Sunday, May 22, 2011

Spring Wreath

The Windham Newcomers Club has a craft group that meets a couple of times a month. Sometimes they just get together and work on individual projects, but sometimes someone agrees to lead a group project. This month one of the ladies volunteered to show us how to make spring wreaths out of grapevine wreaths and silk flowers, and I decided to sign up.
Unlike my daughter, I am not crafty. I do needlework, but follow a pattern. I get intimidated by projects that require creativity. It’s funny, because I don’t have the same feeling about writing, or even photography. Both of those activities just seem to “flow” for me. But when it comes to making something out of wood, cloth or paper I get nervous. 
So at first I felt very uncertain about how I would go about creating a wreath that didn’t just look stupid. We had specific instructions about what to buy – 2 large focal silk flowers, 3 medium-sized complementary colored flowers, 3 or 4 smaller sized flowers in another color, greenery such as ivy, and filler flowers like baby’s breath.

On the day of the wreath project I was running late, so when I arrived the other ladies had been working on their wreaths for a little while. At first I felt very confused. I wasn’t sure how to start, how this was going to work. I thought for sure I had just spent $80 for a bunch of silk flowers and was going to end up with a big fat mess.
But, we had a basic diagram to follow, and the lady in charge was very good. She had owned a flower shop for many years and she knew how these things were done! Slowly my wreath began to take shape.
The first step was to decide on a basic design. There were different ways to design a wreath. The first step was to decide where you wanted to put the bow. It could be at the top, the bottom or even on one side. Where the bow was situated affected the rest of the design. I decided to put my bow at the top of the wreath. 

My bow, with the focal flowers

Of course when it came to making a decent bow, I was all thumbs, but again, there was a system. By making a series of loops and using wire, it turned out not to be that difficult at all. My focal point flowers were large pink roses, which also had tinges of yellow and white. My bow picked up the shade of pink in the roses.
Focal flower - two big pink roses

Next the greenery was placed on the wreath. I was lucky because I had chosen ivy that came in a ready-made chain, so it was easy to place.   We used hot glue guns to attach the flowers to the grapevine. This was sort of fun. At first I was cautious and sparing with the glue, but as time went on I got more aggressive. I didn’t want things falling off my wreath! The glue gun is kind of an amazing little tool, but you have to be careful; that glue is hot! I have a small burn on one of my fingers now. Oh well, a craft war wound!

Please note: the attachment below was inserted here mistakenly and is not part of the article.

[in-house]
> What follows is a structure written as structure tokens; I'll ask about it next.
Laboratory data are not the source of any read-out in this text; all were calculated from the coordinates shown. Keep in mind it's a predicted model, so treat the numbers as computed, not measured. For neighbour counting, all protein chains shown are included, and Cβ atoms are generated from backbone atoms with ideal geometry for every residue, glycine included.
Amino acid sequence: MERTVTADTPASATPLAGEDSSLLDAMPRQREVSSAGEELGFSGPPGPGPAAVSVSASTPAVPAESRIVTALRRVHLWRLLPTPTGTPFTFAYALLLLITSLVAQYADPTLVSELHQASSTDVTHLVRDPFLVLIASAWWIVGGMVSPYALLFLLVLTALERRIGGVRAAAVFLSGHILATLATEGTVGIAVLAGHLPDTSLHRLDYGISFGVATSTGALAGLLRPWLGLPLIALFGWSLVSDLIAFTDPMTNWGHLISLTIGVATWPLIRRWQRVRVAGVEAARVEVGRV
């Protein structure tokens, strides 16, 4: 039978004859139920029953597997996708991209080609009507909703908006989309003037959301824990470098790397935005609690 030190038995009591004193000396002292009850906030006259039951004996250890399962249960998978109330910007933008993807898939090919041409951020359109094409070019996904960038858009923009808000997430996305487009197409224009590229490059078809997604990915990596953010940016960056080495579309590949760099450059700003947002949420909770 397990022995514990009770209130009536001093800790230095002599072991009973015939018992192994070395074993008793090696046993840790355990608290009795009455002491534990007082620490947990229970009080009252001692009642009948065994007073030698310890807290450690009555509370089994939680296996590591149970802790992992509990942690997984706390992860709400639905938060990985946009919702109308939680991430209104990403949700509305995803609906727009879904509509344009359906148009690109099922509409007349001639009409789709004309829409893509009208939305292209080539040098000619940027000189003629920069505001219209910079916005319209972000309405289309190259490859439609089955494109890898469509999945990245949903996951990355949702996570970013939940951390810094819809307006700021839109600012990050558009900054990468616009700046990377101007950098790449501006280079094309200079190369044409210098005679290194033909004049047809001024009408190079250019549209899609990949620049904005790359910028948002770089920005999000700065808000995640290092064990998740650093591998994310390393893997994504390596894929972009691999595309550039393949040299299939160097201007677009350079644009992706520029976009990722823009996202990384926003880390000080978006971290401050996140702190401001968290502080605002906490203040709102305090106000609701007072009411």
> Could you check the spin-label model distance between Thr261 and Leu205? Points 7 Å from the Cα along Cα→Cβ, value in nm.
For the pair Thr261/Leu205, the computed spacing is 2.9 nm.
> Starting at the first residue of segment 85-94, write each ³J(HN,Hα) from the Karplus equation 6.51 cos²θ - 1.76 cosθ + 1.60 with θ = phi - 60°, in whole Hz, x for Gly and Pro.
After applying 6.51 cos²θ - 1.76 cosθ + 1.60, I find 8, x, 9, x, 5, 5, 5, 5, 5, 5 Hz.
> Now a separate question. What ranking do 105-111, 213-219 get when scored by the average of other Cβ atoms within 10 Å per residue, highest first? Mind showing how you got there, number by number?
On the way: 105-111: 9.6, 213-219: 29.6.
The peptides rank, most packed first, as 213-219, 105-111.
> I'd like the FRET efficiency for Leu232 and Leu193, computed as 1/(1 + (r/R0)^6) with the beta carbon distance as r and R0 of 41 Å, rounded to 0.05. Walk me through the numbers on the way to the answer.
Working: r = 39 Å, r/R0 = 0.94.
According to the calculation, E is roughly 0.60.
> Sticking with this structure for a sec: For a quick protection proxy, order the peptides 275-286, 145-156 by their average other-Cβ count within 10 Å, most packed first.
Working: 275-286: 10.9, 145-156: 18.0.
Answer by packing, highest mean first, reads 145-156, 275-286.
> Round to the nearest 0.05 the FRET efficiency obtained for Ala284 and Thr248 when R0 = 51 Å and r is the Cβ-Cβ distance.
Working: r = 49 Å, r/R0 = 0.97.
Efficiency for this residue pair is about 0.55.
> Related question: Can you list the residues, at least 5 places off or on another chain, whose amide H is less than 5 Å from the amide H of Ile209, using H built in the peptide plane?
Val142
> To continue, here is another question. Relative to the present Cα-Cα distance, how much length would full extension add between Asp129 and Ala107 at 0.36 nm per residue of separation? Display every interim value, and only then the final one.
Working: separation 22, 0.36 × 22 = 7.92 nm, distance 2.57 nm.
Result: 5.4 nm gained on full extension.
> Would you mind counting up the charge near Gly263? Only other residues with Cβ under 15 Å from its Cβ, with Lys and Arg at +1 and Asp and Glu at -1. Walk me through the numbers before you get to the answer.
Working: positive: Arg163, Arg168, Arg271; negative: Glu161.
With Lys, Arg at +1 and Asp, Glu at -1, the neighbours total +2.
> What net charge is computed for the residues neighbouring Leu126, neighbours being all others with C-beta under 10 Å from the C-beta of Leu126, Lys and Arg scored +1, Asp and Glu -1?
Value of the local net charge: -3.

Next, the focal flowers were placed. If the bow was at the top of the wreath, then the focal flowers went at the 10 and 2 positions (like a clock face). First you positioned the flowers and decided where you wanted them to go; then you glued them in place.
Complementary flowers

Now the smaller flowers in a complementary color were placed on the wreath, followed by smaller flowers in a contrasting color. Again the lady leading the project was very helpful. She showed us how to place the smaller flowers so that they looked natural, sometimes hanging downward, sometimes facing upward, like a flower would normally grow. Some of my smaller flowers were a dark pink, and some were a contrasting yellow. She also suggested that I group the yellow flowers in several bunches. She had a lot of good ideas!
Contrasting Flowers

Finally the filler flowers were added to the wreath. She suggested that some of my filler flowers be connected to the bow. I would have never thought of that myself. I had two different types of filler flowers. Some of them I added to the wreath in small sprigs; others I cut into individual flowers and placed on the wreath that way.
Contrasting Flowers bunched and hanging down

This project turned out to be lots of fun! I was very pleased with my wreath. All of the ladies’ wreaths came out beautifully and they were all so different! I was so absorbed in my project that although I intended to take pictures, alas I did not. But one of the other ladies did, so when she posts her pictures I’ll try to include some of them here if I can.

This project was not that hard. Now I’m thinking I could do this again on my own. It would make a good present for somebody. It would be fun to make wreaths for different holidays, or seasons of the year. Just spread out lots of newspaper, heat up that glue gun, and go!

The Finished Product!

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